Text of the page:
GreenYes Archives

[GreenYes Home] - [Thread Index] - [Date Index]
[Date Prev] - [Date Next] - [Thread Prev] - [Thread Next]


Re: [greenyes] Re: film recycling


Mike,

Thanks for the clarification, though some of the management structures you suggest have some similar organizational challenges as do government-owned enterprises.

I don't think the history on cooperatives and local development corporations is that great around the world. Changes in how you run them can make them a bit more efficient and a bit less corrupt than some of the past illustrations, but this is by no means a guaranteed outcome. Nor is it clear that the incentives in these types of organizations are sufficient to address the really complex and global challenges that businesses sometimes take on. If you are serious about your models, it would be useful to develop case studies on past failures and present more clearly why things would be different using your approach.

One thing I noticed in your descriptions is that many of the organizational models you propose require a tremendous amount of willpower by thousands of people to take actions that differ from the price signals they receive in the marketplace about efficient (measured in an economic sense) behavior. This makes their chances of success slim indeed -- unless they are mandated -- which generates a host of other problems.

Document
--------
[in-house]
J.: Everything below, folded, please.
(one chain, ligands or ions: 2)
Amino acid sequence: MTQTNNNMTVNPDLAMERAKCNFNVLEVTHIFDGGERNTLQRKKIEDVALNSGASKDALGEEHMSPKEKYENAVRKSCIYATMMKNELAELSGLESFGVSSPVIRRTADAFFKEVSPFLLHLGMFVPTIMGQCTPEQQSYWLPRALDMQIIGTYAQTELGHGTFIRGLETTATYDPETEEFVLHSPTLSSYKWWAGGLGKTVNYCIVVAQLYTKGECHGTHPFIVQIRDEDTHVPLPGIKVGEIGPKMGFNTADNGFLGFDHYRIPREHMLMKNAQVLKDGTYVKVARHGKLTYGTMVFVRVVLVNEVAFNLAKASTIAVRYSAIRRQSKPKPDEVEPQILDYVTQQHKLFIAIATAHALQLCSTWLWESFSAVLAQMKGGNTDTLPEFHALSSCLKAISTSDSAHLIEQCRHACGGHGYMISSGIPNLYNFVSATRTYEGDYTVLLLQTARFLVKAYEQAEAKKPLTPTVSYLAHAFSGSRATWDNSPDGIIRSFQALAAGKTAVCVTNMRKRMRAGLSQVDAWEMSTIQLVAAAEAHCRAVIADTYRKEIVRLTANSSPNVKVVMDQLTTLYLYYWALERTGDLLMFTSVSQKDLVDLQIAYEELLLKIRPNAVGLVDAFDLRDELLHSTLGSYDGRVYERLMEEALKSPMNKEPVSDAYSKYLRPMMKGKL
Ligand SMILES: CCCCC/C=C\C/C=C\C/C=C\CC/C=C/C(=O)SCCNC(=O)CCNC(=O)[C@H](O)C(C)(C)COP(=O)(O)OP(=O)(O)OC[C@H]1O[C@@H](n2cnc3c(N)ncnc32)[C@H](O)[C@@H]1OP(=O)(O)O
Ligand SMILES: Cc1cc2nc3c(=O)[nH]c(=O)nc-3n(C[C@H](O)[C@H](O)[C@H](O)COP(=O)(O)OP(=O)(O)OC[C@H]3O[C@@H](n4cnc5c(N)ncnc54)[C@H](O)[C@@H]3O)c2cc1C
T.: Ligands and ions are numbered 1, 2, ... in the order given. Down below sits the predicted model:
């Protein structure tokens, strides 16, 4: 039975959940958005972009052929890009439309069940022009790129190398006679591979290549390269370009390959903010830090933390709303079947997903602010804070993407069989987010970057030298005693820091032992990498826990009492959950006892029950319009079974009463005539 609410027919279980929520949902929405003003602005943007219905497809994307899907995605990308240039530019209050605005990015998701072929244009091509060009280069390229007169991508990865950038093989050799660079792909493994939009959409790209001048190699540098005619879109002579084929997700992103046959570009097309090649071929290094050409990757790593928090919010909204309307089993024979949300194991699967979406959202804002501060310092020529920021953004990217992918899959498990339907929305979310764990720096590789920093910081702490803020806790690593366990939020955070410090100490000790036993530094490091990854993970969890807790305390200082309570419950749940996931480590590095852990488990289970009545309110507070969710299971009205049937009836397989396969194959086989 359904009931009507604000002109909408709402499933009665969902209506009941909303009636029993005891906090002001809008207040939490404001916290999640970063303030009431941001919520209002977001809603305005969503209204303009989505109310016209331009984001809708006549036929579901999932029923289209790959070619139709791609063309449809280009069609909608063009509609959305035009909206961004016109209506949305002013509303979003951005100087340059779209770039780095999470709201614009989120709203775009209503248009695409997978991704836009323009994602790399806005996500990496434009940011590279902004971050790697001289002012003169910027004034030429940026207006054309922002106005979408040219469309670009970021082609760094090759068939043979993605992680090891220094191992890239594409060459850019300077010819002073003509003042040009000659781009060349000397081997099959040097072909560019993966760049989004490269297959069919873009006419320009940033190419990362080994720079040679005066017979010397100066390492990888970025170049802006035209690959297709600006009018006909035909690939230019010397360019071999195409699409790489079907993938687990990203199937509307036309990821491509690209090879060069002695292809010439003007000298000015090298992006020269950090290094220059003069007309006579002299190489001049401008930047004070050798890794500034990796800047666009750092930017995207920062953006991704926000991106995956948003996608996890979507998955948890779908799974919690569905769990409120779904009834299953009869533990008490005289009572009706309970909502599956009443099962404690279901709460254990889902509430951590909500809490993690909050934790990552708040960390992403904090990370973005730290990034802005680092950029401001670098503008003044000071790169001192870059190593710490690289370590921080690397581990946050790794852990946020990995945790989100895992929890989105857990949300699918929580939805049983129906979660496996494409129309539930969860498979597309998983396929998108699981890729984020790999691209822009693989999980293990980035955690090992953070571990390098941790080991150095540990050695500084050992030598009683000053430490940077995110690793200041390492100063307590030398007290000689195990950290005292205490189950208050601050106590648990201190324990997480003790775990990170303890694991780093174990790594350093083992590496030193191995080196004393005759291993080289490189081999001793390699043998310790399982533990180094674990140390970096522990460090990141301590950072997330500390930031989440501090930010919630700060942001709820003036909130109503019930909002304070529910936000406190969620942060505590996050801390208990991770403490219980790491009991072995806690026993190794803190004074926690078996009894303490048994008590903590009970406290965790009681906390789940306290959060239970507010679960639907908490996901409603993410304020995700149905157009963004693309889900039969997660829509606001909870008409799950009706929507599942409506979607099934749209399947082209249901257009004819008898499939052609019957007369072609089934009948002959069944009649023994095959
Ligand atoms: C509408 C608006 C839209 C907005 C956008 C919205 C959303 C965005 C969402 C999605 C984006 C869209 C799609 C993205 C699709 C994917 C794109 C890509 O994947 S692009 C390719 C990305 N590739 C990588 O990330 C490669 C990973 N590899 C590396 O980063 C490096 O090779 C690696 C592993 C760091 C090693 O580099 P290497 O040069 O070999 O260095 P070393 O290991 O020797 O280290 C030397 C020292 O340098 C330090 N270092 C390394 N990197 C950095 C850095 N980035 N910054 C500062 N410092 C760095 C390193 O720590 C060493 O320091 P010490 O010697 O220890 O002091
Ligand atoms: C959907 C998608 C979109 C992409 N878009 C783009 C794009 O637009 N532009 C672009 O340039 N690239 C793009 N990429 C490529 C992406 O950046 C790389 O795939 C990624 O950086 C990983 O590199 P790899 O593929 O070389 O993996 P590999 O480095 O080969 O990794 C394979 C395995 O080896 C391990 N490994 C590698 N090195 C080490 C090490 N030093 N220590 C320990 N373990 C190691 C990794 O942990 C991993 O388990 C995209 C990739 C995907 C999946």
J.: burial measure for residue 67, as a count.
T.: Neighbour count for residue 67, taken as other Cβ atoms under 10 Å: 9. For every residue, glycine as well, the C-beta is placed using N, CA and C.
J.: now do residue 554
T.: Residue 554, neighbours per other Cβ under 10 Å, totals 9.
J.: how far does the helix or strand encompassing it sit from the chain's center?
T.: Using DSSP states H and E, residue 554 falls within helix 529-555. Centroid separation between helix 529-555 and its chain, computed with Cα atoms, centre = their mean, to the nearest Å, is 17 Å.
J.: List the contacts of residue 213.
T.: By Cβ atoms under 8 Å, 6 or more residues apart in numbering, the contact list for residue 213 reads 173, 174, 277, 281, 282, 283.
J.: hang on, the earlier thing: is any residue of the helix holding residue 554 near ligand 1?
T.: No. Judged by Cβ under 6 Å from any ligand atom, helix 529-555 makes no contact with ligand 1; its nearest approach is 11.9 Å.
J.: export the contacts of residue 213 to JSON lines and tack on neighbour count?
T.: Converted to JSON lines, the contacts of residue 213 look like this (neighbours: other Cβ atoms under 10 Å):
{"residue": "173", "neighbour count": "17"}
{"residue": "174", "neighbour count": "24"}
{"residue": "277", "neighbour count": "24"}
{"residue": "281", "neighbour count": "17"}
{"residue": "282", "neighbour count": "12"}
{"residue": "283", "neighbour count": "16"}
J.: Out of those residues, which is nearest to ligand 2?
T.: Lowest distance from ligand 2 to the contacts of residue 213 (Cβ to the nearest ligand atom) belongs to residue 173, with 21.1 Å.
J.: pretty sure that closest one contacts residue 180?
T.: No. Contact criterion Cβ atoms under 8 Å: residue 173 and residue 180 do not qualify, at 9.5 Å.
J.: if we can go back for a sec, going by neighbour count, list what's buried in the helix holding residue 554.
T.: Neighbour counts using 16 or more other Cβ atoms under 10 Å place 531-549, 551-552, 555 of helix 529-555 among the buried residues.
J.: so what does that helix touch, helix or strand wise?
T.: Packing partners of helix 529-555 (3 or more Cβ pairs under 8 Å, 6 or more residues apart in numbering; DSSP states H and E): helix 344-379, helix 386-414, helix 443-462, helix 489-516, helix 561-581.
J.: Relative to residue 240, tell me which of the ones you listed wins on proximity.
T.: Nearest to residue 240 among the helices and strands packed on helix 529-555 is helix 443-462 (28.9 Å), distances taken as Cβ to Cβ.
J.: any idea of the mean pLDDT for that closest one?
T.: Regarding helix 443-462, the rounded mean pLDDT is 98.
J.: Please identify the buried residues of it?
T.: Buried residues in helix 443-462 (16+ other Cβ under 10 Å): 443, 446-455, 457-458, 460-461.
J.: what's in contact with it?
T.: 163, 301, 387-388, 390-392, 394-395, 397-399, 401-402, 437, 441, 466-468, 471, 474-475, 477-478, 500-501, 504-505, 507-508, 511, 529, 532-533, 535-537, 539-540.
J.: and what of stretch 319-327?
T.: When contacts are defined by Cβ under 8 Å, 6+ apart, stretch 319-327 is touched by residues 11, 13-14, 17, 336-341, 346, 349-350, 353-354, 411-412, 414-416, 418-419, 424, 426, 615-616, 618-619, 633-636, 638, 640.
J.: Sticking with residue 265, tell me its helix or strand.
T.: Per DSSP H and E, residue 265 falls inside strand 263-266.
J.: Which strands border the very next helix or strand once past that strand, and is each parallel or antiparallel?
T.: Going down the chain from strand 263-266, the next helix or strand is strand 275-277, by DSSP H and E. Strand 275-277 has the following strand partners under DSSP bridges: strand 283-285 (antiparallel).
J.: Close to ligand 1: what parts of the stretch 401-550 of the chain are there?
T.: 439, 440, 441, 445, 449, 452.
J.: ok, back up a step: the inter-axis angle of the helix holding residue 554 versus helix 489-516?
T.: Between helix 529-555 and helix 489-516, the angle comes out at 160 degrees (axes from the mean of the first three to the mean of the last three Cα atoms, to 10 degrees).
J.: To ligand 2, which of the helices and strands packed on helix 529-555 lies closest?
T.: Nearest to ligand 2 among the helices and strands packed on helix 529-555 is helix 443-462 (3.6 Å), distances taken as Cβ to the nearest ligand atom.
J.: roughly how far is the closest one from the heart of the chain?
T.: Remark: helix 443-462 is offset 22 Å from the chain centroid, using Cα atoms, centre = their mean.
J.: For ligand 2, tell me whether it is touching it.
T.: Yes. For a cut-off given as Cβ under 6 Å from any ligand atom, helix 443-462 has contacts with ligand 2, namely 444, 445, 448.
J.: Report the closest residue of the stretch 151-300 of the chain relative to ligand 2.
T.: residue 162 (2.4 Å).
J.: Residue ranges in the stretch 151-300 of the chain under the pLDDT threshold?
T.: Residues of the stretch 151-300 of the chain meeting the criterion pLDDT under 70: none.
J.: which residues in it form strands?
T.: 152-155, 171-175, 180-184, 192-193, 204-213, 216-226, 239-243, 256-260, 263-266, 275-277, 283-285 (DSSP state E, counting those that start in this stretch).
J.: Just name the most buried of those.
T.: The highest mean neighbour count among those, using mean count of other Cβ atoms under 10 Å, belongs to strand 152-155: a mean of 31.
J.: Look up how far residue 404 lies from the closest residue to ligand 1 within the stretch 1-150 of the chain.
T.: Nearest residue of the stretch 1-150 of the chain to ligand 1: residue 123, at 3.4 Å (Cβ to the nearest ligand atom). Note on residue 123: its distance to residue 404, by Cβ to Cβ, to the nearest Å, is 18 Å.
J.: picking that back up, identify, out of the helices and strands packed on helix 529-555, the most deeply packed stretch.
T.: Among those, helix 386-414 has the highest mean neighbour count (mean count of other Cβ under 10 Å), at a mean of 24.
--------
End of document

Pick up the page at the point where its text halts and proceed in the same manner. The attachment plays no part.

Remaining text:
Your use of equity in structuring the corporations will ensure better alignment of incentives. However, difficult questions regarding who gets equity, for what, and how much remain on the table.

Why not work instead to ensure the price system generates more accurate signals about externalities (would shift industry towards cleaner methods) and transportation costs (would shift industry towards somewhat more local production)? This approach would be more likely to succeed, and in a smoother fashion, than the strategies you suggest.

Any of your models need to address some core challenges:

-Why will people voluntarily give their time and resources to this type of organization?
-Will that organization be able to identify the key skills it needs and pay appropriately in order to get them?
-How will it earn sufficient revenues to survive?
-How will conflicts of interest be managed?